The sea is in Madison Laudermilk’s blood.

Her father harvests bluefin tuna from the same Atlantic waters where her grandparents once sailed. She caught her first fish at age 4 — a striped bass right off the dock — and dining  Madison Laudermilk's first catch on their fresh catch is one of her family’s favorite traditions.

So when her Integrated Studio professor Susan Nichter challenged the class to create pieces for Alpha’a and Oceanic Global’s Artivism (Art + Activism) competition, freshmen graphic design major Laudermilk’s target was clear: she’d use her talents to highlight the dangers of overfishing.

“Overfishing is a topic that hits home for me,” she says. “My dad tells stories about other boats breaking the law, violating quotas or catching immature fish. They get boarded by the Coast Guard and penalized for abusing the ocean.”

If fish are caught too early in their life cycle it disrupts breeding, depleting stock around the world and damaging the environment.

“My dad spends every minute he can on the water and I see how happy it makes him. It’s heartbreaking to think that someday there could be no fish left for us to catch.”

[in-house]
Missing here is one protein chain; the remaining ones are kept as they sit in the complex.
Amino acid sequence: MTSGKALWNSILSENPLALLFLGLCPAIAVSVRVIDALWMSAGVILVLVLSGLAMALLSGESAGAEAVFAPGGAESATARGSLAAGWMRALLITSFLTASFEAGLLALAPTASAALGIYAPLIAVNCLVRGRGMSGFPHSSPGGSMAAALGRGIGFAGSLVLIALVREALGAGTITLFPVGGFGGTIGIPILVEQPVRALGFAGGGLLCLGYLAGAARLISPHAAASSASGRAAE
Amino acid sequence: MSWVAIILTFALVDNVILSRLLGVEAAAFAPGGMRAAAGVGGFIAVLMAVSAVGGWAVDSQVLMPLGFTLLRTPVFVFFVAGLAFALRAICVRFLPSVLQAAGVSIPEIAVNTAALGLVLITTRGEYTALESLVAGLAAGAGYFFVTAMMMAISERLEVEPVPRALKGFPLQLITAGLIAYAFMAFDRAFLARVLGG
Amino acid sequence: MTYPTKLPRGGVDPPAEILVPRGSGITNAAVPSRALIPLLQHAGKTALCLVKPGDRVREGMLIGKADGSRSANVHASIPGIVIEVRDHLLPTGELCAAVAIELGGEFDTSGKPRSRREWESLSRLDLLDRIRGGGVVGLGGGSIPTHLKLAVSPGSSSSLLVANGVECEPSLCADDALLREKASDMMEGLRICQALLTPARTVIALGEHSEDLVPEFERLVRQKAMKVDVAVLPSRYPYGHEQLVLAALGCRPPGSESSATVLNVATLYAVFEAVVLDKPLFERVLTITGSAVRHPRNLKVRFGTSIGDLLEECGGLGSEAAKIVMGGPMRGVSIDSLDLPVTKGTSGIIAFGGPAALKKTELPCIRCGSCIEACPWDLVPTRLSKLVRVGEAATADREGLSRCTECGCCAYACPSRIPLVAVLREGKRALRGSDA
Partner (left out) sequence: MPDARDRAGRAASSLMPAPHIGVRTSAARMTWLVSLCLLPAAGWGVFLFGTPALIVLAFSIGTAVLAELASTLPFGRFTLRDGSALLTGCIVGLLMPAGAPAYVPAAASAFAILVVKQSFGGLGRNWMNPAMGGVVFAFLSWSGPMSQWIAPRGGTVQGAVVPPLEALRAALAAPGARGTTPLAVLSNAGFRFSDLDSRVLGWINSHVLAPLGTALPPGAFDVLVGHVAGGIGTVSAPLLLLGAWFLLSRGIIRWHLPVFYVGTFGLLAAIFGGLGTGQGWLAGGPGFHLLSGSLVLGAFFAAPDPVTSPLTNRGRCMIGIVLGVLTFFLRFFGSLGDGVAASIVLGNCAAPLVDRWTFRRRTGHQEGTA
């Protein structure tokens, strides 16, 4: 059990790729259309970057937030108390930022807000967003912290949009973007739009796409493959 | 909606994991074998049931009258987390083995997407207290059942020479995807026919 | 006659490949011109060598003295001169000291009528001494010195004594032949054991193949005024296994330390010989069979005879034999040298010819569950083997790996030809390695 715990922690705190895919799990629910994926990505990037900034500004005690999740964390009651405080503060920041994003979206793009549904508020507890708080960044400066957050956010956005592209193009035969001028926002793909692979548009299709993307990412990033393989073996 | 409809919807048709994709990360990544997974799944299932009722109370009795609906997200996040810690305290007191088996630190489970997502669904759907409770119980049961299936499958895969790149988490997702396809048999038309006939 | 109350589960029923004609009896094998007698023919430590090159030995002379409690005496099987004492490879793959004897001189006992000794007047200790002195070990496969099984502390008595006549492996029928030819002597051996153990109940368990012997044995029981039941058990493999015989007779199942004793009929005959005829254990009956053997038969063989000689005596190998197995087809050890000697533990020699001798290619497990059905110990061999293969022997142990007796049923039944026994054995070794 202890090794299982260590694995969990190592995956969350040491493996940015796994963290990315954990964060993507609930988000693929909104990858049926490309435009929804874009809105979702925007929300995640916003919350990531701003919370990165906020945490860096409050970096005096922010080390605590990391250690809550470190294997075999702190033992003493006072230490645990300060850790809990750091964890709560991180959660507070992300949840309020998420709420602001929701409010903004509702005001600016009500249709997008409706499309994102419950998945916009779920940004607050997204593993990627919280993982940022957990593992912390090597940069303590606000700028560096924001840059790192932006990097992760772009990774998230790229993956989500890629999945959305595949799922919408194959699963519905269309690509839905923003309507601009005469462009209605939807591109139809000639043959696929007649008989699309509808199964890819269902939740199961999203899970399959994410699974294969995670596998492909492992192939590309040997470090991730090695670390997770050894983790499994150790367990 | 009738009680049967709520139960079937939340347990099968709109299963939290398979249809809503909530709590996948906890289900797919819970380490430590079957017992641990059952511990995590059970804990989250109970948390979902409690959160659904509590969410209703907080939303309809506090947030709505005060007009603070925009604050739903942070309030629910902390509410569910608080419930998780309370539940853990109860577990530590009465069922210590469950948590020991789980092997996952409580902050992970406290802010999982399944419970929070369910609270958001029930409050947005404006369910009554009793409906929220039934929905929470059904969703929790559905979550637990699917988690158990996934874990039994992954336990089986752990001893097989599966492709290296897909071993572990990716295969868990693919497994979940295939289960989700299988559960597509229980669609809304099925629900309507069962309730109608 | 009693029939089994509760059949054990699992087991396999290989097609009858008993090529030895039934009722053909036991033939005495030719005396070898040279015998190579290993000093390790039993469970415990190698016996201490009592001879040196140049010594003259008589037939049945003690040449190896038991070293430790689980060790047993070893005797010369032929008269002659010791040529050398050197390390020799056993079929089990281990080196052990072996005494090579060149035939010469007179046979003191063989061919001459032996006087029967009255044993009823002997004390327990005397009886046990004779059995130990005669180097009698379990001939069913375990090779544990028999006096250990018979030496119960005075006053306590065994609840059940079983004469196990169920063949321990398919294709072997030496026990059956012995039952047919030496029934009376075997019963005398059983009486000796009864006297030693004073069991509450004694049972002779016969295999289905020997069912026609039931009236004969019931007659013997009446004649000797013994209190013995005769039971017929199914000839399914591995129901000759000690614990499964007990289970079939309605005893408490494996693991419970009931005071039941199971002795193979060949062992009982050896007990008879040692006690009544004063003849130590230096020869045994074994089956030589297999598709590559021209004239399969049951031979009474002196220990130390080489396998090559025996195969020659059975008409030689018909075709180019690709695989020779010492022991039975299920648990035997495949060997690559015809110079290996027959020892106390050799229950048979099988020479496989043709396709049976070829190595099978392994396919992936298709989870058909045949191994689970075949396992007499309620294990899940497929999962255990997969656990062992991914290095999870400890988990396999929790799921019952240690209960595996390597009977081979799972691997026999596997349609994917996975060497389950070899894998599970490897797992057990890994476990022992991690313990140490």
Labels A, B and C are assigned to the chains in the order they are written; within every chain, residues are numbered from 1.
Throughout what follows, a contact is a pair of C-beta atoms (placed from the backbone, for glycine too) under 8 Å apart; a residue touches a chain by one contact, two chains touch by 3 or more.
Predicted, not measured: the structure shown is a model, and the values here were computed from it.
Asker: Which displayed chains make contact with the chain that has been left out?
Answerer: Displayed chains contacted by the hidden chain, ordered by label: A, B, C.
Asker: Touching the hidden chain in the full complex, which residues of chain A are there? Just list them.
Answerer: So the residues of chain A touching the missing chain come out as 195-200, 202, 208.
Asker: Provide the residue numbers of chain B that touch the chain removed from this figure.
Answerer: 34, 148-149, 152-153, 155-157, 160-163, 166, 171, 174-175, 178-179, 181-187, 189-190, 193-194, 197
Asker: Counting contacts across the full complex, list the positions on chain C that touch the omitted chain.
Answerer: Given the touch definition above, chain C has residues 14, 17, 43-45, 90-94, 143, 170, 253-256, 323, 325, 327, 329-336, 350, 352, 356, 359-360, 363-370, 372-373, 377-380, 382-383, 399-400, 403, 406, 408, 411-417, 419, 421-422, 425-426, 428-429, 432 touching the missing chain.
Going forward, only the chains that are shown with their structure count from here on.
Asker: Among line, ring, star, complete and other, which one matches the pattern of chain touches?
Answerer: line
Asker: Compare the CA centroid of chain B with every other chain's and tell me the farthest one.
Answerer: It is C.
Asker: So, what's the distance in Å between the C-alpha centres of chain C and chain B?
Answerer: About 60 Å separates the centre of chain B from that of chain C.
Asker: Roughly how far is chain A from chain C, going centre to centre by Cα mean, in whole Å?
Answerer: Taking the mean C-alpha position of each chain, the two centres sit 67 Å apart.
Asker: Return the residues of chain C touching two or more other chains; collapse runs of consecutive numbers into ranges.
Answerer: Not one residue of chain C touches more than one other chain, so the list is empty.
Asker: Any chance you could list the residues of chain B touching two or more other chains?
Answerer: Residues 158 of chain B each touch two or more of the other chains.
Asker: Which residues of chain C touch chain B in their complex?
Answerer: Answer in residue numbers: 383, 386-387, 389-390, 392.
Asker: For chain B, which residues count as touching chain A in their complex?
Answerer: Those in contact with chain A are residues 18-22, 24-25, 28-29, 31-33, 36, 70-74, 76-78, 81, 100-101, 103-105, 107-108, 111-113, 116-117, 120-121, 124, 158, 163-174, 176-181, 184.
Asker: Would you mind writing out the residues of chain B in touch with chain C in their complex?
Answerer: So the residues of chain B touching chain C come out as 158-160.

Passion projects

“Deep-rooted feelings come up and out through art,” says Professor Nichter. “Every student has something to say. This class helps channel those sentiments into visual storytelling.”

Unlike in her high school art classes where she focused primarily on building fundamental skills, Laudermilk says professors at Suffolk push her “to find a deeper meaning to [my] art.”

Nichter encourages students to build on their basics by exploring the relationship between images and text, the psychology of font, taglines, and economy of words. She finds out what students are passionate about and exposes them to artists who’ve covered similar topics in diverse ways.

Award-winning Art Basel debut

Madison Laudermilk's "Wanted Bluefin"

Laudermilk’s piece, "Wanted Bluefin"  — depicting a dragger boat and dozens of bluefin tuna swimming into the sky — uses bold imagery and colors to evoke an emotional response:

“I want the viewers to feel a connection to the tuna,” she says. “If you can create a connection between viewers and the subject that can start to build a respect for the subject.”

The competition’s judges awarded Laudermilk top honors in her category, a win that meant her piece was shown at the prestigious Art Basel festival in Miami Beach, Florida. It’s also available for purchase on the Alpha’a website with proceeds benefiting Oceanic Global’s non-profit mission.

“I couldn’t be more excited to have my work represented alongside established artists from all over the world,” says Laudermilk. “It’s also really cool to contribute artwork for more than just myself.”

Susan Nichter is proud of Laudermilk and all the students who submitted thoughtful pieces to  the contest:

“Any time students can make something real and current, it builds confidence. This is not just a line on a resume, but a piece in the real world that people can go out and buy.”

 — Andrea Gimler